Comparison of Depth Estimation Setups from Stereo Endoscopy and Optical Tracking for Point Measurements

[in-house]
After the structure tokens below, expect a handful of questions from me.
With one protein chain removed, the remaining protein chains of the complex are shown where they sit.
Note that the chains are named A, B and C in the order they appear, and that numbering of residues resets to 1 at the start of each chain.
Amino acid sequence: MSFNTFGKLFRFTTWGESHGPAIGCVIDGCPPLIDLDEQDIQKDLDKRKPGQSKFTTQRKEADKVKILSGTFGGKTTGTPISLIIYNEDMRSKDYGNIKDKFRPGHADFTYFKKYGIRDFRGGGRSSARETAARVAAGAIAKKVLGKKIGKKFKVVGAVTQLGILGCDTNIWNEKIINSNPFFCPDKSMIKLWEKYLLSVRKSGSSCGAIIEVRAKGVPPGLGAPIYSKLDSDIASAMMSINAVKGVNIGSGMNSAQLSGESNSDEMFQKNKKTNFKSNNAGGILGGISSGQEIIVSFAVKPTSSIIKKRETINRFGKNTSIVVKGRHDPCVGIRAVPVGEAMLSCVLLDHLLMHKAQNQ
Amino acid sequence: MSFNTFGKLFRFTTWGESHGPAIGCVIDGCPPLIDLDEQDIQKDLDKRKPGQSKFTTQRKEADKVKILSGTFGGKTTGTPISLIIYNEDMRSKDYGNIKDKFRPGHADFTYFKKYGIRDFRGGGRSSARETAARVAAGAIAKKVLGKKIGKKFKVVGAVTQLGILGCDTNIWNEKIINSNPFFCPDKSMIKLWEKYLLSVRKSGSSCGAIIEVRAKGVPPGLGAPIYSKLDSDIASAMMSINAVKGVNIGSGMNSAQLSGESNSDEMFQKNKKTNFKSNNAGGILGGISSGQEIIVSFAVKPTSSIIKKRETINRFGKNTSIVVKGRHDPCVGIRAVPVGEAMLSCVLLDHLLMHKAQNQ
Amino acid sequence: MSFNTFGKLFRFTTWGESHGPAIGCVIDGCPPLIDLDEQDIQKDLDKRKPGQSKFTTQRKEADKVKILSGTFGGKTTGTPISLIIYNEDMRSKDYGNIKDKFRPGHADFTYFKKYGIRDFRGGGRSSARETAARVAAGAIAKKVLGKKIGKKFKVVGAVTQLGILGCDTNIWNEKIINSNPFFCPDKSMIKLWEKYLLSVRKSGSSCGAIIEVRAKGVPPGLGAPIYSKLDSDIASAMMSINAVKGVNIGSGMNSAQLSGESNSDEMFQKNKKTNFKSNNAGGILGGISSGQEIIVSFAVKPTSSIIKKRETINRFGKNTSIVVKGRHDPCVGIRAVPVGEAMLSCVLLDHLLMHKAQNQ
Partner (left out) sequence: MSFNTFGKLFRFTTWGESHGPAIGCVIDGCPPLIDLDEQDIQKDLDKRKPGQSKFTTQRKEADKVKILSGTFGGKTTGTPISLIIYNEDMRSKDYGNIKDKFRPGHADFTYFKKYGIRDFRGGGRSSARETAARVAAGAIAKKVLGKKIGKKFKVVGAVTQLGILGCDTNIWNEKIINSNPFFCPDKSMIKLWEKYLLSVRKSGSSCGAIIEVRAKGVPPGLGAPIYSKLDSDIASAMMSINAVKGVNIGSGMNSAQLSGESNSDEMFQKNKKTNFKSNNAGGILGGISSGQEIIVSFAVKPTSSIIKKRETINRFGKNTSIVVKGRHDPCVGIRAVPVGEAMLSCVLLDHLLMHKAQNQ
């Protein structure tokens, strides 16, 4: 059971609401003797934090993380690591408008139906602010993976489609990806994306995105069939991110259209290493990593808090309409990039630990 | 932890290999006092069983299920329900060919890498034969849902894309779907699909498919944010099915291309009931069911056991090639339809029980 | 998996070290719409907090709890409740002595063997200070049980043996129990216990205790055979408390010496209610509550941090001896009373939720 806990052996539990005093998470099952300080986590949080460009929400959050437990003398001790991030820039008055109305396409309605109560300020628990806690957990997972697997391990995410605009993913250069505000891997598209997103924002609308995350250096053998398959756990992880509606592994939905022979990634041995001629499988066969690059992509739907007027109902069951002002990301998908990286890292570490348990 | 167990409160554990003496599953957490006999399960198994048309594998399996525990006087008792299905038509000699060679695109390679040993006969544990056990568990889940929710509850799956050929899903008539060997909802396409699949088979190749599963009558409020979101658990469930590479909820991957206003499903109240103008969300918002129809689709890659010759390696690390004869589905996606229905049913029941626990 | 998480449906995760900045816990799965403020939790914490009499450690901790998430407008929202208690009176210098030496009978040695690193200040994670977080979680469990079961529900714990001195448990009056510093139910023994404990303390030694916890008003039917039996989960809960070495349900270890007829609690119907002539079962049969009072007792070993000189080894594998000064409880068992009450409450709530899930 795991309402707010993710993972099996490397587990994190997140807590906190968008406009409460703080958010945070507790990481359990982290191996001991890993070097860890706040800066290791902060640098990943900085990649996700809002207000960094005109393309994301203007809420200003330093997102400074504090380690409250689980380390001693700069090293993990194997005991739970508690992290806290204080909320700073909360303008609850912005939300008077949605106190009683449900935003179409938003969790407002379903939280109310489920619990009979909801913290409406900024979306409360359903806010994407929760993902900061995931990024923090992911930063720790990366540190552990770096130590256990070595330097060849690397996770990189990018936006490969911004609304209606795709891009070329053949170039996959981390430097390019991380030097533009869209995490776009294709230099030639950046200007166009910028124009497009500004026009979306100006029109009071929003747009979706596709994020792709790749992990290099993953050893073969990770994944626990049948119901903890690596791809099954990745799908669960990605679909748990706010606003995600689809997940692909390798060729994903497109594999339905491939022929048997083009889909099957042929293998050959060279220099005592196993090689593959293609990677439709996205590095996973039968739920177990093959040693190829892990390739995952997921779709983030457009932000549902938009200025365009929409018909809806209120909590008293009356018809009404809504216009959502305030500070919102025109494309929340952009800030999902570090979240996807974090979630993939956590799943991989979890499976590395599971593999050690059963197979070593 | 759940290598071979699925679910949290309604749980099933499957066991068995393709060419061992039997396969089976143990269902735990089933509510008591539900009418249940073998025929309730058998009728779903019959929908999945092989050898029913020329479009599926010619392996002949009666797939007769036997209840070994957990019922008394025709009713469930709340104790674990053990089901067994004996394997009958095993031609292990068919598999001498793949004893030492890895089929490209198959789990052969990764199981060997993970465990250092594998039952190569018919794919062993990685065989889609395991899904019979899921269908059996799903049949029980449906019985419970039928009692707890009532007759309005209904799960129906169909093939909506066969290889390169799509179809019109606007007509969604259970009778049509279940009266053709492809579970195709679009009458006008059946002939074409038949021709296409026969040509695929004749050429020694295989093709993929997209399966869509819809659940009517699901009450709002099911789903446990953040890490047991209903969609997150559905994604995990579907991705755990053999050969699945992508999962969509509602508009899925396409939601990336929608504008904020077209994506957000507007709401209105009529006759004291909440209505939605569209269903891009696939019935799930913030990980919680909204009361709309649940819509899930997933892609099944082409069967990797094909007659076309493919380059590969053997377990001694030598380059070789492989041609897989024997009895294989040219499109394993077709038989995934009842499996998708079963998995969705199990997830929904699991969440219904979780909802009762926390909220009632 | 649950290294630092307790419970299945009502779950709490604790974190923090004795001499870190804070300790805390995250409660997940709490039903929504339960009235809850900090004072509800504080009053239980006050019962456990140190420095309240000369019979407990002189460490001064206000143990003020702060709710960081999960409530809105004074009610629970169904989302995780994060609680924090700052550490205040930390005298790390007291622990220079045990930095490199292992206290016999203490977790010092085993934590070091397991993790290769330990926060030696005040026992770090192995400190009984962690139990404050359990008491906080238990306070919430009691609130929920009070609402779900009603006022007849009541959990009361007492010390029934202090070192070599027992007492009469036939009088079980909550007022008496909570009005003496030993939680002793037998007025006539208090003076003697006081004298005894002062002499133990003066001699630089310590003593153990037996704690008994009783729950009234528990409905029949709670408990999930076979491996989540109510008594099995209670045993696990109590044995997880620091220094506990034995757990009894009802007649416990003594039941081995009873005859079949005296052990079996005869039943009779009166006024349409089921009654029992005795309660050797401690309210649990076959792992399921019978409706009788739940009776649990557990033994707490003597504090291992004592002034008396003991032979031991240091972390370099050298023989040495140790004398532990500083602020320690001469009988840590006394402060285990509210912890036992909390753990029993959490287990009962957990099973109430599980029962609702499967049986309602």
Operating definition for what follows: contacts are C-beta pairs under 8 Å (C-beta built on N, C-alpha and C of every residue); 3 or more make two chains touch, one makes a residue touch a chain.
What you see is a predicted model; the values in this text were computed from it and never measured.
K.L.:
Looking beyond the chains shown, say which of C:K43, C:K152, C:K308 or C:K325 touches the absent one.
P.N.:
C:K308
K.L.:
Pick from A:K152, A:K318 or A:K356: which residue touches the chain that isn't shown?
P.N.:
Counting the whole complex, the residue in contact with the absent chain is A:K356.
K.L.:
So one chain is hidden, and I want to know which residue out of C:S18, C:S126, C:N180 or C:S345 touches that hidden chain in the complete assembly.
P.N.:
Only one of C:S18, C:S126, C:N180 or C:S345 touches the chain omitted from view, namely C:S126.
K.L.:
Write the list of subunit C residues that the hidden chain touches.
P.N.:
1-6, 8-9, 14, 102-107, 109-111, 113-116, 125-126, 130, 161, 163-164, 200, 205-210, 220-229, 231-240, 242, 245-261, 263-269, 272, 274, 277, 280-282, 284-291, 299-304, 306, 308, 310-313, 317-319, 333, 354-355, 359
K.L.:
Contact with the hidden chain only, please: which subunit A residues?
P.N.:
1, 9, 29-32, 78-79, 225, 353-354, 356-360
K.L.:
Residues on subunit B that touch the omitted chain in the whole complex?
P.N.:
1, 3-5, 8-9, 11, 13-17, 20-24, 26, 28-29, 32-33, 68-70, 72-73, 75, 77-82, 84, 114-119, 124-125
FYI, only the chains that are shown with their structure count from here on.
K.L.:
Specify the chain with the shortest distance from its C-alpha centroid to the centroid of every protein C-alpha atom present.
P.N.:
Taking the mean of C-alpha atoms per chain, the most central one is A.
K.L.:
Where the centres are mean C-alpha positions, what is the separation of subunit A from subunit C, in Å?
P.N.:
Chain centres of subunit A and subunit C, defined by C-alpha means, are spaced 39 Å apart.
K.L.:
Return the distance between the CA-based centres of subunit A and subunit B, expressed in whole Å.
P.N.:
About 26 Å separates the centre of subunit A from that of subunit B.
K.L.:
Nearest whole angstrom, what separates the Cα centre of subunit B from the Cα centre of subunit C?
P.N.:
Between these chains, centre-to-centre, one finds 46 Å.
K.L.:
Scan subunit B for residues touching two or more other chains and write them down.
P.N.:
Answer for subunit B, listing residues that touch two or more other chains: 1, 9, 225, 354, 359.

To support minimally-invasive intraoperative mitral valve repair, quantitative measurements from the valve can be obtained using an infra-red tracked stylus. It is desirable to view such manually measured points together with the endoscopic image for further assistance. Therefore, hand-eye calibration is required that links both coordinate systems and is a prerequisite to project the points onto the image plane. A complementary approach to this is to use a vision-based endoscopic stereo-setup to detect and triangulate points of interest, to obtain the 3D coordinates. In this paper, we aim to compare both approaches on a rigid phantom and two patient-individual silicone replica which resemble the intraoperative scenario. The preliminary results indicate that 3D landmark estimation, either labeled manually or through partly automated detection with a deep learning approach, provides more accurate triangulated depth measurements when performed with a tailored image-based method than with stylus measurements.

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